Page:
Last week, as I was walking through the Horseshoe, I stumbled across a plaque acknowledging that this portion of campus was built by slave labor. It is supposed to honor the enslaved people who were forced to build this school brick by brick.
While this was a well-intentioned gesture, it is ultimately just for show if no real action is taken to make up for the transgressions that my ancestors received leading up to USC’s establishment in 1801. That's why USC should offer reduced tuition to Black students.
The plunder and exploitation of Black bodies were widespread and normalized 200 years ago. Western textbooks give a SparkNotes summary of the abomination that was slavery, but we are not taught how brutal and long-lasting the effects of slavery were. The remnants are reflected today in Black people’s low socioeconomic status in comparison to white counterparts.
The argument surrounding reparations in America has been one shrouded in controversy and debate. While a majority of Black folks agree that reparations are necessary (whether they know why or not), other groups believe the concept of reparations is unfair.
“Slavery is over. Y’all got Obama! Why are you still complaining?”
The ongoing effects of slavery can be clearly observed today. Black people disproportionately live in ghettos and have a diminished chance of upward mobility, as opposed to white people, who inherit generational wealth as a direct result of slavery.
According to data collected by the U.S. Census Bureau, the median income of Black families in 2018 was $41,361, the lowest of any ethnic group in the country. Compare that to the median white family income of $70,642.
We live in a capitalist society that tells us getting a college degree is the most direct route to personal success and financial freedom. America prides itself on being the land of equal opportunity where anyone can pull themselves up by the bootstraps and achieve greatness. Unfortunately, that isn't the case.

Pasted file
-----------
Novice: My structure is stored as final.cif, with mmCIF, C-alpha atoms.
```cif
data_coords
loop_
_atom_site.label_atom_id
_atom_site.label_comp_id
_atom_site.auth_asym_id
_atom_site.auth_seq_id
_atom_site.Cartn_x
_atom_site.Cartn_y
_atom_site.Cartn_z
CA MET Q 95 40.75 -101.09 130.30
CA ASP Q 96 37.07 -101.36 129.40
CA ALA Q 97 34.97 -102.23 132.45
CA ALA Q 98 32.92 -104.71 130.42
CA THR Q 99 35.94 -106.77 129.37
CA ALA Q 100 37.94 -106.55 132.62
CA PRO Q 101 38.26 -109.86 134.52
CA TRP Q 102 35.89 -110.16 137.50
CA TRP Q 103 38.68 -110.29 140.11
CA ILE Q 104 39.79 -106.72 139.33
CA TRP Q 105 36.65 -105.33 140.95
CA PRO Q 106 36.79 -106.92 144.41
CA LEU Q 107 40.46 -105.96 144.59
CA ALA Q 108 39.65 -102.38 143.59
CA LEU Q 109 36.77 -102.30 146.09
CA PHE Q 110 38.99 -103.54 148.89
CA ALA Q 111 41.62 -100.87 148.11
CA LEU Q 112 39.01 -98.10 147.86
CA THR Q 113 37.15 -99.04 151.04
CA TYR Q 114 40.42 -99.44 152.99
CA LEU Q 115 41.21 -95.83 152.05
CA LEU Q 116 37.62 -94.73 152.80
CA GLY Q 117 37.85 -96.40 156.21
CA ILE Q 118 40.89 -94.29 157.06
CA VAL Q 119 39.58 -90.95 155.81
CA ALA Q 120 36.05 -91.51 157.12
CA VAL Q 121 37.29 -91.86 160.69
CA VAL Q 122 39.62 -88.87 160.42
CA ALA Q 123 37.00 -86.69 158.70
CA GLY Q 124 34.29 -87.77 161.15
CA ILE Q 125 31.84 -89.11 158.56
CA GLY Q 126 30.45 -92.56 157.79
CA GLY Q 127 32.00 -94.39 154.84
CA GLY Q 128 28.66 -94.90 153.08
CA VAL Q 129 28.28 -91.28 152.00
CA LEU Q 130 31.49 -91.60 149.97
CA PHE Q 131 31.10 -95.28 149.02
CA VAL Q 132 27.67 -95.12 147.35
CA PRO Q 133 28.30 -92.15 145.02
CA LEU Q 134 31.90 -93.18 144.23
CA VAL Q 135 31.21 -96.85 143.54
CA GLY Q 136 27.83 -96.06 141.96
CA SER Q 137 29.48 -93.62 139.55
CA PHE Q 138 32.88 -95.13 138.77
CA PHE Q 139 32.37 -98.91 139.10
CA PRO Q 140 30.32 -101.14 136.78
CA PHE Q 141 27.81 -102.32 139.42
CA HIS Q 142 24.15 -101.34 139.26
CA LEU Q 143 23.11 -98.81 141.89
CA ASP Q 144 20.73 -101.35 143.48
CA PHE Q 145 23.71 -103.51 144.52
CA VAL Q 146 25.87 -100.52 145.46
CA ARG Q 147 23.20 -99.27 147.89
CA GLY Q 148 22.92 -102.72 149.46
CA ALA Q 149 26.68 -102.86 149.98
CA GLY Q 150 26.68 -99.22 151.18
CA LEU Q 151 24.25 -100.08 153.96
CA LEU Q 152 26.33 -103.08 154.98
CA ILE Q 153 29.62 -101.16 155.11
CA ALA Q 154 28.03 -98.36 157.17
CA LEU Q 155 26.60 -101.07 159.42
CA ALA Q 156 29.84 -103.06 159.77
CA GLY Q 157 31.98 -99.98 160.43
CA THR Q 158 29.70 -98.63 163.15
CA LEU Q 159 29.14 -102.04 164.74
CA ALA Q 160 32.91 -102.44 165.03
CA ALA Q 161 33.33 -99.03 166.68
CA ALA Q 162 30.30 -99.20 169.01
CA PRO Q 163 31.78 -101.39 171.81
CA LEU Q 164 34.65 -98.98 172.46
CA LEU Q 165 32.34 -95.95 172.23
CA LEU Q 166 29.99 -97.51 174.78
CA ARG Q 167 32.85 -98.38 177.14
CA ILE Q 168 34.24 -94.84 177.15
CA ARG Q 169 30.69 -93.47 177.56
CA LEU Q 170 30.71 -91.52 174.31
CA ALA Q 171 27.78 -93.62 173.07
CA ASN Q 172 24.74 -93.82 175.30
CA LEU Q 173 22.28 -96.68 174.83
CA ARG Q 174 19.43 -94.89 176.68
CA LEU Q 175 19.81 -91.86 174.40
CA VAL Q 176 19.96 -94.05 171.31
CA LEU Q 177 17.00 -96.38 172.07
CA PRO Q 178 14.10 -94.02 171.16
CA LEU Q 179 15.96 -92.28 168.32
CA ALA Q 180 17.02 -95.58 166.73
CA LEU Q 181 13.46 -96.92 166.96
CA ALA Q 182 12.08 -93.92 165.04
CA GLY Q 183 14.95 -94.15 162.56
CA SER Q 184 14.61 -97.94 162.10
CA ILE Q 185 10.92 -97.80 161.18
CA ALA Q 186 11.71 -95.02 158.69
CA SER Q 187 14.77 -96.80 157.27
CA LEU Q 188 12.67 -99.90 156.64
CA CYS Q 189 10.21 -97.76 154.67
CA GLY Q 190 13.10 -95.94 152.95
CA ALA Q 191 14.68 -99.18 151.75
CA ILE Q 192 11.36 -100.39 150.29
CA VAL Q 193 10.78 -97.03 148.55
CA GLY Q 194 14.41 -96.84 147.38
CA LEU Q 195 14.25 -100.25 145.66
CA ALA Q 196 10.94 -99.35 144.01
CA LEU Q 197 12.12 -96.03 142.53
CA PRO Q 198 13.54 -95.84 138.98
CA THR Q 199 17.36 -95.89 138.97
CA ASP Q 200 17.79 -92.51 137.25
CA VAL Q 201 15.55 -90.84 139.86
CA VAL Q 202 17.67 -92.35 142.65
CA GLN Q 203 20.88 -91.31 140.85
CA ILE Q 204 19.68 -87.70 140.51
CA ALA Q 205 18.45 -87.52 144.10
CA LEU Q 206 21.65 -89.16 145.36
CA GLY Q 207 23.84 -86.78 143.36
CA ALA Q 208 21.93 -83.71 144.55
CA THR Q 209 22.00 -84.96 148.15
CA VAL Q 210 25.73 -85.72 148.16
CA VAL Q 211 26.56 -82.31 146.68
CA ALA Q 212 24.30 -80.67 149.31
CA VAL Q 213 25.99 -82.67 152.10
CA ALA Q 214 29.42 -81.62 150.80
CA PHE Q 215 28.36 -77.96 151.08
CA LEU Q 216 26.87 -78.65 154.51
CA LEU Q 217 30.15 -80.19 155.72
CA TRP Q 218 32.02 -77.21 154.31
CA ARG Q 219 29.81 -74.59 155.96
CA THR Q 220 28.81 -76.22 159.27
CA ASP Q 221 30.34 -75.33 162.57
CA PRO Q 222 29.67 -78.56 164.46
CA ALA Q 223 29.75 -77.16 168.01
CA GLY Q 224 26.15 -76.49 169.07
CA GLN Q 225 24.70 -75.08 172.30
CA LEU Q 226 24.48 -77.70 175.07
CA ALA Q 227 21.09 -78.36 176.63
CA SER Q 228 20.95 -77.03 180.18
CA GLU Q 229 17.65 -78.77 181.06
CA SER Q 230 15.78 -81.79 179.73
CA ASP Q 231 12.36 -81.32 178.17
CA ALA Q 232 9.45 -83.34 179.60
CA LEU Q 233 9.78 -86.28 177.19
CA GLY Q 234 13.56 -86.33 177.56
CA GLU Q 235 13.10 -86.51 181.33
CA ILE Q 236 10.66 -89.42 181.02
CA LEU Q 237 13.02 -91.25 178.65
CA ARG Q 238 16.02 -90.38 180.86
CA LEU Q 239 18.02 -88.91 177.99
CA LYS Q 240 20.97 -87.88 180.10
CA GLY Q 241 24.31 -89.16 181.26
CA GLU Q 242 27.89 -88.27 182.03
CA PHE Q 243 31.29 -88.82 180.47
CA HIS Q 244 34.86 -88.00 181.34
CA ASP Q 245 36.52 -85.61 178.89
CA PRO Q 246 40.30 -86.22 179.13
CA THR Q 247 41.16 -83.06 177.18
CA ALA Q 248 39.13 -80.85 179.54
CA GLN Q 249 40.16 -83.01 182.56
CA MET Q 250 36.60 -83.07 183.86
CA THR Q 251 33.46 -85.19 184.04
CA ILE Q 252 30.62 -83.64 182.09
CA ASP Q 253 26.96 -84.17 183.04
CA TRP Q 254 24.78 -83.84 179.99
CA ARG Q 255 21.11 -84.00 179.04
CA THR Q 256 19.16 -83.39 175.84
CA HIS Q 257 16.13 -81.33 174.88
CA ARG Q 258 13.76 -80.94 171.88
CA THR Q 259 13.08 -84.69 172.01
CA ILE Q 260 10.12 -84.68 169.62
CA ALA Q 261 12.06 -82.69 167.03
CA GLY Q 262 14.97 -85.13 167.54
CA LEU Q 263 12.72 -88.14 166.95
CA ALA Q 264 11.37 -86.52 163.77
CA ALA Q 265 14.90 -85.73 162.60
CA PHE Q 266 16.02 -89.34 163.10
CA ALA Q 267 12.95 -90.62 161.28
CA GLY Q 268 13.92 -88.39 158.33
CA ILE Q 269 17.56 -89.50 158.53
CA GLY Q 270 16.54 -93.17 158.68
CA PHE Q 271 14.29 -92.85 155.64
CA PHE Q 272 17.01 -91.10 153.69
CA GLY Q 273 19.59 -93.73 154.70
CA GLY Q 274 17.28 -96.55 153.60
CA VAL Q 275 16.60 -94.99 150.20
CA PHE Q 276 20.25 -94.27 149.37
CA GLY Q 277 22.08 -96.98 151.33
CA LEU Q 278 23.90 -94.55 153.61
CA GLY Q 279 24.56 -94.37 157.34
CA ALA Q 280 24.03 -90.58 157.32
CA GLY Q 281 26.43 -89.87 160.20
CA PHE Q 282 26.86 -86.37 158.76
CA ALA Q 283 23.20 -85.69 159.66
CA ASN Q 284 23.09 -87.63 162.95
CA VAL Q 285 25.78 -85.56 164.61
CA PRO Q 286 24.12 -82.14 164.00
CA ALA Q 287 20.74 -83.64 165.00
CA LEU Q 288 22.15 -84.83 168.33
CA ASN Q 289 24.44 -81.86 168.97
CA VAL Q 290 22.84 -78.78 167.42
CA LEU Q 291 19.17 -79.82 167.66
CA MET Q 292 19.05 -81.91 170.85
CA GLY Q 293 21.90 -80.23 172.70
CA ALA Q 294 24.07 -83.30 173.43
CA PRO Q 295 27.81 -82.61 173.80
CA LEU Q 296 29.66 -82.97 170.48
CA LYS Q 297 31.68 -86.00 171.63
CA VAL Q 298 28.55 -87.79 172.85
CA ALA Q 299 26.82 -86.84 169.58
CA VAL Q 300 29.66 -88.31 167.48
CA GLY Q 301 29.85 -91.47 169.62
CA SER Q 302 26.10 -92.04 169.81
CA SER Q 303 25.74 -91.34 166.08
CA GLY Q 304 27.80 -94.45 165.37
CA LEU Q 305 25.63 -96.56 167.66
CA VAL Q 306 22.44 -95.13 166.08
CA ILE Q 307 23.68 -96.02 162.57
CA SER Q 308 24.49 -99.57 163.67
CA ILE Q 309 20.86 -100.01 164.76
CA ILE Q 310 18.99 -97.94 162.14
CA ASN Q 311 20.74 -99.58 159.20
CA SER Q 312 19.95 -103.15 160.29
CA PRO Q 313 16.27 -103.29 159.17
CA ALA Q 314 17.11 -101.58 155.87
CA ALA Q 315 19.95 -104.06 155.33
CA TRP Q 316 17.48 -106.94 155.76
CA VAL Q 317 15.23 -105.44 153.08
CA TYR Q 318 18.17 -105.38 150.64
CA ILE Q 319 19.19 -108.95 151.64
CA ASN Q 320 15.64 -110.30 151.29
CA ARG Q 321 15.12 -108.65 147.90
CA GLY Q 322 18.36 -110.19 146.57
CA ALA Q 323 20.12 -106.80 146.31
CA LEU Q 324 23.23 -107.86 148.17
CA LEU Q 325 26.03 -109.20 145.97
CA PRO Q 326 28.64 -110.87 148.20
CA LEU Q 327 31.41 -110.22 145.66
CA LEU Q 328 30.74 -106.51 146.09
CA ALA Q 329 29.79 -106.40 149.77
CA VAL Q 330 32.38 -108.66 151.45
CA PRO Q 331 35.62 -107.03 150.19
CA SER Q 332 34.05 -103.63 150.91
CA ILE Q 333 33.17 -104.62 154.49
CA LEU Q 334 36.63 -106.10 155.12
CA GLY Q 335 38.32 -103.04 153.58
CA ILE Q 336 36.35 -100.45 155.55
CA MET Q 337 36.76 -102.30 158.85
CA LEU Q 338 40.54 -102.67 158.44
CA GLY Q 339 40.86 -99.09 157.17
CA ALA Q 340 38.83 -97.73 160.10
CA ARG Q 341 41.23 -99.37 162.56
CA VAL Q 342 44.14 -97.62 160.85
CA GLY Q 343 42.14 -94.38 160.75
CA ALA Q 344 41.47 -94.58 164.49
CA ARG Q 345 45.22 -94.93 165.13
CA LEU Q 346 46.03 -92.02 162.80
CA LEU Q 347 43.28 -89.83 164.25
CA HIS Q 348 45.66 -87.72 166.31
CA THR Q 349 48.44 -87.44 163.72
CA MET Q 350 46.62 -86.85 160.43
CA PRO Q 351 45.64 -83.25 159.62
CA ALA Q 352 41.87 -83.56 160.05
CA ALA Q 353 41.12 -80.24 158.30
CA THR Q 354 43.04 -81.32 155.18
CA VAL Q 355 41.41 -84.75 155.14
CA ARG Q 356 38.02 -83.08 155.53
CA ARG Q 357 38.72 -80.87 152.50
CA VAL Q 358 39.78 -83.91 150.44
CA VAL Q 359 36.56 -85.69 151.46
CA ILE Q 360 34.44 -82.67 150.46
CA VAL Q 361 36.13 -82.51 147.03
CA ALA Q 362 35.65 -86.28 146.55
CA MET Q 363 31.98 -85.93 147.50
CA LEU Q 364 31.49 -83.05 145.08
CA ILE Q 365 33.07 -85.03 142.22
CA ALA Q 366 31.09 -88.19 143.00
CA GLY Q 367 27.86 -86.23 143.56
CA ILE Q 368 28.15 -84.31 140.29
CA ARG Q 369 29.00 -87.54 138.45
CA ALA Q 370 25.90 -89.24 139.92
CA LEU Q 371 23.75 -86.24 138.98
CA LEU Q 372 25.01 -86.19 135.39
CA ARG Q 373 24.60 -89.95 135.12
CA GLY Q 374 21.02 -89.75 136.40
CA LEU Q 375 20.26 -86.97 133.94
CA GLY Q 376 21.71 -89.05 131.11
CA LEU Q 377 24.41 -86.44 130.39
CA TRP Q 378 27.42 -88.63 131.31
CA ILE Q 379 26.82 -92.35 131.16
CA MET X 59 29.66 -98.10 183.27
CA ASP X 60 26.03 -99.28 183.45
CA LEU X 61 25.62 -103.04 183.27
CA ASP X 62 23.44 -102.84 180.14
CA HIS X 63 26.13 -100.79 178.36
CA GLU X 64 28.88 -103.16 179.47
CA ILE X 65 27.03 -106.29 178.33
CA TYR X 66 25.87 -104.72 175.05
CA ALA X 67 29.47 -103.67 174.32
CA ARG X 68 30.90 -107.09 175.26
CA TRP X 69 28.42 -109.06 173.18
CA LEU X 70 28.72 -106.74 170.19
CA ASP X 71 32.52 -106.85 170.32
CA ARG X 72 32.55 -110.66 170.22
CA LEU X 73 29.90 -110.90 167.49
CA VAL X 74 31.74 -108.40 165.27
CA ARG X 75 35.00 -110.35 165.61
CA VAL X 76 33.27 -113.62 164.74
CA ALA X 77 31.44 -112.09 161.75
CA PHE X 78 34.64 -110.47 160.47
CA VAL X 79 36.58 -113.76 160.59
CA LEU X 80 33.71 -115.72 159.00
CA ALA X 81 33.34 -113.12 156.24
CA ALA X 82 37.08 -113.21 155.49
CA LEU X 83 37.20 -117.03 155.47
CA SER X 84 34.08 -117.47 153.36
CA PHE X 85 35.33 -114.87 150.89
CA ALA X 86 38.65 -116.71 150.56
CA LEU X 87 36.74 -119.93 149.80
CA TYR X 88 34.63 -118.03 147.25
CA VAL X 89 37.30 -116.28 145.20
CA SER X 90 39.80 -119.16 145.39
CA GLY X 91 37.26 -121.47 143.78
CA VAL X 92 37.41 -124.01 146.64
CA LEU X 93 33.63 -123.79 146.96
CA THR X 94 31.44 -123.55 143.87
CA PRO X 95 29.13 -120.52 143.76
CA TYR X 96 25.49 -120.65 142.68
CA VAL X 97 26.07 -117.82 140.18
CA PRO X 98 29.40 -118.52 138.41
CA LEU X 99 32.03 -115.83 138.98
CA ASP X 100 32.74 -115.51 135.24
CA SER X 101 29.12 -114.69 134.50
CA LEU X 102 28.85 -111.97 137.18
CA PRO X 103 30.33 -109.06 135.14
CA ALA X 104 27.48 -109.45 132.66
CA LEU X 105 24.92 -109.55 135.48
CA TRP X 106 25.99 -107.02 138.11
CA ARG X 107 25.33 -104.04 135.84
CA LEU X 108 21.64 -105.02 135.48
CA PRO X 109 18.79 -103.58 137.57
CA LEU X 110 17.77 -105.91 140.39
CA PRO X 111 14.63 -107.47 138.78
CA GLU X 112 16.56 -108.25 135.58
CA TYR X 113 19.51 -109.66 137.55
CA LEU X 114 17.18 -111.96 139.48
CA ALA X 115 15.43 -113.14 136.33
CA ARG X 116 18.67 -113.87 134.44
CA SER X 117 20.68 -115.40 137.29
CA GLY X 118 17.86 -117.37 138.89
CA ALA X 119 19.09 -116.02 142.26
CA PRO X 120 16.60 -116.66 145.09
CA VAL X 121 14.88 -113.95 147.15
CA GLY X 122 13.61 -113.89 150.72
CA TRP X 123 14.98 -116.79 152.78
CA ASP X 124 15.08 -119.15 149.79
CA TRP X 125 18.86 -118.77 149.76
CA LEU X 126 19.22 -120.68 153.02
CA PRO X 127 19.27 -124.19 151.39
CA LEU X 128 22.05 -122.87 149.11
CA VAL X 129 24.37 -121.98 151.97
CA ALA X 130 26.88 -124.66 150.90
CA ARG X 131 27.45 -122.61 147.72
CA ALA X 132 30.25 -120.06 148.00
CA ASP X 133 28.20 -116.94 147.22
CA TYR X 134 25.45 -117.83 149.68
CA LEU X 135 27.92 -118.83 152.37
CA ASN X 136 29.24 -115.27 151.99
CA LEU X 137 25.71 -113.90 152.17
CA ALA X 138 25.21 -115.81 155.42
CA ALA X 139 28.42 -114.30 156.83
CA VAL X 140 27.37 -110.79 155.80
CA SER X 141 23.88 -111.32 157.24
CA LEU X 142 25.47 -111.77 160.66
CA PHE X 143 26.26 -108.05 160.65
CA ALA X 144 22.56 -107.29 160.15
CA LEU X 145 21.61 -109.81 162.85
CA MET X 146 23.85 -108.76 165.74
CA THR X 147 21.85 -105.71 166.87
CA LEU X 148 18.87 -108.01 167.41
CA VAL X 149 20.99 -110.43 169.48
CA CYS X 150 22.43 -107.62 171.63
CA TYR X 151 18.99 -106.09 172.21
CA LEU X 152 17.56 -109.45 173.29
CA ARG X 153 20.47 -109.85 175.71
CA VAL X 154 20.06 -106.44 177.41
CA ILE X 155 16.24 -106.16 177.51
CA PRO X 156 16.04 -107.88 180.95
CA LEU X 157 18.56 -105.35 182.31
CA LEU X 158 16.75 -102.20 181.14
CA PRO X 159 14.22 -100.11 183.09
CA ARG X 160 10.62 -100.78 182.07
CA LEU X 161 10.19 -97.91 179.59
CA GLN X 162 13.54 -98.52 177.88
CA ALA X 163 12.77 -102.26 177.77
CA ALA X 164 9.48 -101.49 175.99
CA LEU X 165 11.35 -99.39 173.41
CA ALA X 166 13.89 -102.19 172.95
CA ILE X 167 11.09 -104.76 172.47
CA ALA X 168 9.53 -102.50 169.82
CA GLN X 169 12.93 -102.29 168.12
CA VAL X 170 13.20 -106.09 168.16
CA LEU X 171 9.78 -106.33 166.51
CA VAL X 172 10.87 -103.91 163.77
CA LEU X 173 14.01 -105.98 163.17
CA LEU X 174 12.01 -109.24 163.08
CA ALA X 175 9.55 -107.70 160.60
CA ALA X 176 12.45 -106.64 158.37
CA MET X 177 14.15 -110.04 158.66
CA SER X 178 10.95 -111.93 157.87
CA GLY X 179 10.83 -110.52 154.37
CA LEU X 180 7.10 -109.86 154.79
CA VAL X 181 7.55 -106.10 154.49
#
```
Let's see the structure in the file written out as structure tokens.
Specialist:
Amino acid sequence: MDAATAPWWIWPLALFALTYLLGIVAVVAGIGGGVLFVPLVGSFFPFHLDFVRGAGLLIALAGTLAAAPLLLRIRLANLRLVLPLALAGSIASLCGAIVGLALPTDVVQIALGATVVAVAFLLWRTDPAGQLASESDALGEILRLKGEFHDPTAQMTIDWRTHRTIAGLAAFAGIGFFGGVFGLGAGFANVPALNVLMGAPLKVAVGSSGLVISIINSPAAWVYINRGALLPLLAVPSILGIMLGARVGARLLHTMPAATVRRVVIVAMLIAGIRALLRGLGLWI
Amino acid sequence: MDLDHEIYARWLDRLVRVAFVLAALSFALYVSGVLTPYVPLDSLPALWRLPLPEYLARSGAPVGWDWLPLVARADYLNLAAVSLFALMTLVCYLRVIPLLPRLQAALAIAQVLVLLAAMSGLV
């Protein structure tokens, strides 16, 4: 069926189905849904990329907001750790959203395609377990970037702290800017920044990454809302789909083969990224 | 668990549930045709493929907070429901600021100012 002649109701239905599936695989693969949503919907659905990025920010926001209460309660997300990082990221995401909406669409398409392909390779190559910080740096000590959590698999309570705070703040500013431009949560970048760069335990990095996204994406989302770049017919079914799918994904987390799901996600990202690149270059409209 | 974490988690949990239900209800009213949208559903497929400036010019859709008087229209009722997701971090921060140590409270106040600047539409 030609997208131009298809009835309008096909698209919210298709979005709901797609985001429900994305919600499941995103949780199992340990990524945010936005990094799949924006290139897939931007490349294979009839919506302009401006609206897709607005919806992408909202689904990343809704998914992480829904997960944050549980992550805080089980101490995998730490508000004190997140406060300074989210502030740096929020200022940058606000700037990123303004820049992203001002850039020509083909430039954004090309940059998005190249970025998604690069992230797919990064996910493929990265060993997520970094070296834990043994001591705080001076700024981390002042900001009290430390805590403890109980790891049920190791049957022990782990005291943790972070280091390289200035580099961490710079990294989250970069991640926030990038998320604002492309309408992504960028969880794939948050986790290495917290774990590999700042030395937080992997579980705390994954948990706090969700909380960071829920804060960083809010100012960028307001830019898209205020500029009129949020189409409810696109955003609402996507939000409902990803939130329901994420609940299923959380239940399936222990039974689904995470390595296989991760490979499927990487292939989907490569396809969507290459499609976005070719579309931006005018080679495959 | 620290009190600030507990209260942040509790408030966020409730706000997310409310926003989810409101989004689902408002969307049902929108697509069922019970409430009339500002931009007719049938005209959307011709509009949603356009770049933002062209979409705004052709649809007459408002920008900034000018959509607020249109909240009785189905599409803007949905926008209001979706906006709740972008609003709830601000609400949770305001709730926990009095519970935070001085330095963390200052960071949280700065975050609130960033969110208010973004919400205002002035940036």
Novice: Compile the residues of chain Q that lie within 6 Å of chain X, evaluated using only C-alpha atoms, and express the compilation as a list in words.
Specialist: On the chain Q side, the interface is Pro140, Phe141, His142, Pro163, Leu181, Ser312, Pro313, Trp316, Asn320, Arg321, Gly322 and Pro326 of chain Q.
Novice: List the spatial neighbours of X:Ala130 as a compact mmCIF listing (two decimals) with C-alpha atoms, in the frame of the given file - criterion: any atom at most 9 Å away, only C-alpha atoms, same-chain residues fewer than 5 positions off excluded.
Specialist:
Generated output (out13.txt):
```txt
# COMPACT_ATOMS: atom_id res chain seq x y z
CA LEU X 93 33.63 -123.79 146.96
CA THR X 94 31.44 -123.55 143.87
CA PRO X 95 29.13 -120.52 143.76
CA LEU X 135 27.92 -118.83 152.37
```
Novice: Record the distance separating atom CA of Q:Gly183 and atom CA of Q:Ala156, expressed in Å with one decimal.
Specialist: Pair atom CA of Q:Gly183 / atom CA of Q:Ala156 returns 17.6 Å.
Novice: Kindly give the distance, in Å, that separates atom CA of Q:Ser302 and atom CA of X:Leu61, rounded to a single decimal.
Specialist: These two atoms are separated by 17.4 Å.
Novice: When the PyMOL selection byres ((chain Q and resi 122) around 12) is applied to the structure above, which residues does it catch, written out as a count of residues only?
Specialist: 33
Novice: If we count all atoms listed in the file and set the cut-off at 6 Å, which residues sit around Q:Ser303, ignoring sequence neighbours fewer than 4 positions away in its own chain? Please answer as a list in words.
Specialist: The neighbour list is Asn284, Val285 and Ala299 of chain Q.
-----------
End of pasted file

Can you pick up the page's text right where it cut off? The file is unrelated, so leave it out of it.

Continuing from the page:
Black people are disadvantaged from the moment they are born because of an atrocity that happened before any of us were a thought. Many of my peers were born into poverty and will more than likely continue this generational cycle because of a lack of resources and education. Concepts such as going abroad or families owning yachts were foreign to me before I stepped on USC's campus, which is a testament to white privilege.
If education is the key to financial freedom and financial freedom is necessary to attend a “good” school, how can this system expect marginalized groups with the least financial freedom to succeed? The catch is, the powers that be know this system is broken and will not take steps to fix it because of capitalism. The system is designed so that Black people, and other marginalized groups, fail.
In his essay “The Case For Reparations,” Ta-Nehisi Coates mentions a bill proposed by the late Congressman John Conyers Jr. that lays out a concrete strategy for the lingering questions surrounding reparations in America. For 25 years, up until his resignation in 2017, Conyers proposed this bill, but it never even made it to the House floor. The powers that be know there is a viable solution for reparations but refuse to acknowledge it.
While national reparations would be ideal, smaller-scale reparations in the form of reduced tuition for Black college students would be an appropriate way to ensure upward mobility. For a university that prides itself on diversity and inclusion, that sentiment is hardly reflected in the demographic makeup of campus. Black students make up less than 10% of the total student population. The university should be ashamed that it is not more representative of the actual ethnic makeup in this state.
A common barrier for attending esteemed universities is the cost of tuition. Because we are at the bottom of the economic totem pole, that barrier often discourages Black students from even applying to the university. If USC wanted to truly acknowledge the people whose backs this campus was built on, it would give their descendants access to equal opportunity.
At a school in large part built by enslaved Black people and which gains significant profit from the free labor of predominantly Black athletes, I find it ironic that Black students are still forced to pay full tuition. After being exposed to the ongoing effects of slavery and acknowledging the importance of education in our society, it is willful ignorance to deny the necessity of reparations.
Black people in America have always been taught we have to be “twice as good” to succeed, but let’s remember the reason we have to be twice as good in the first place.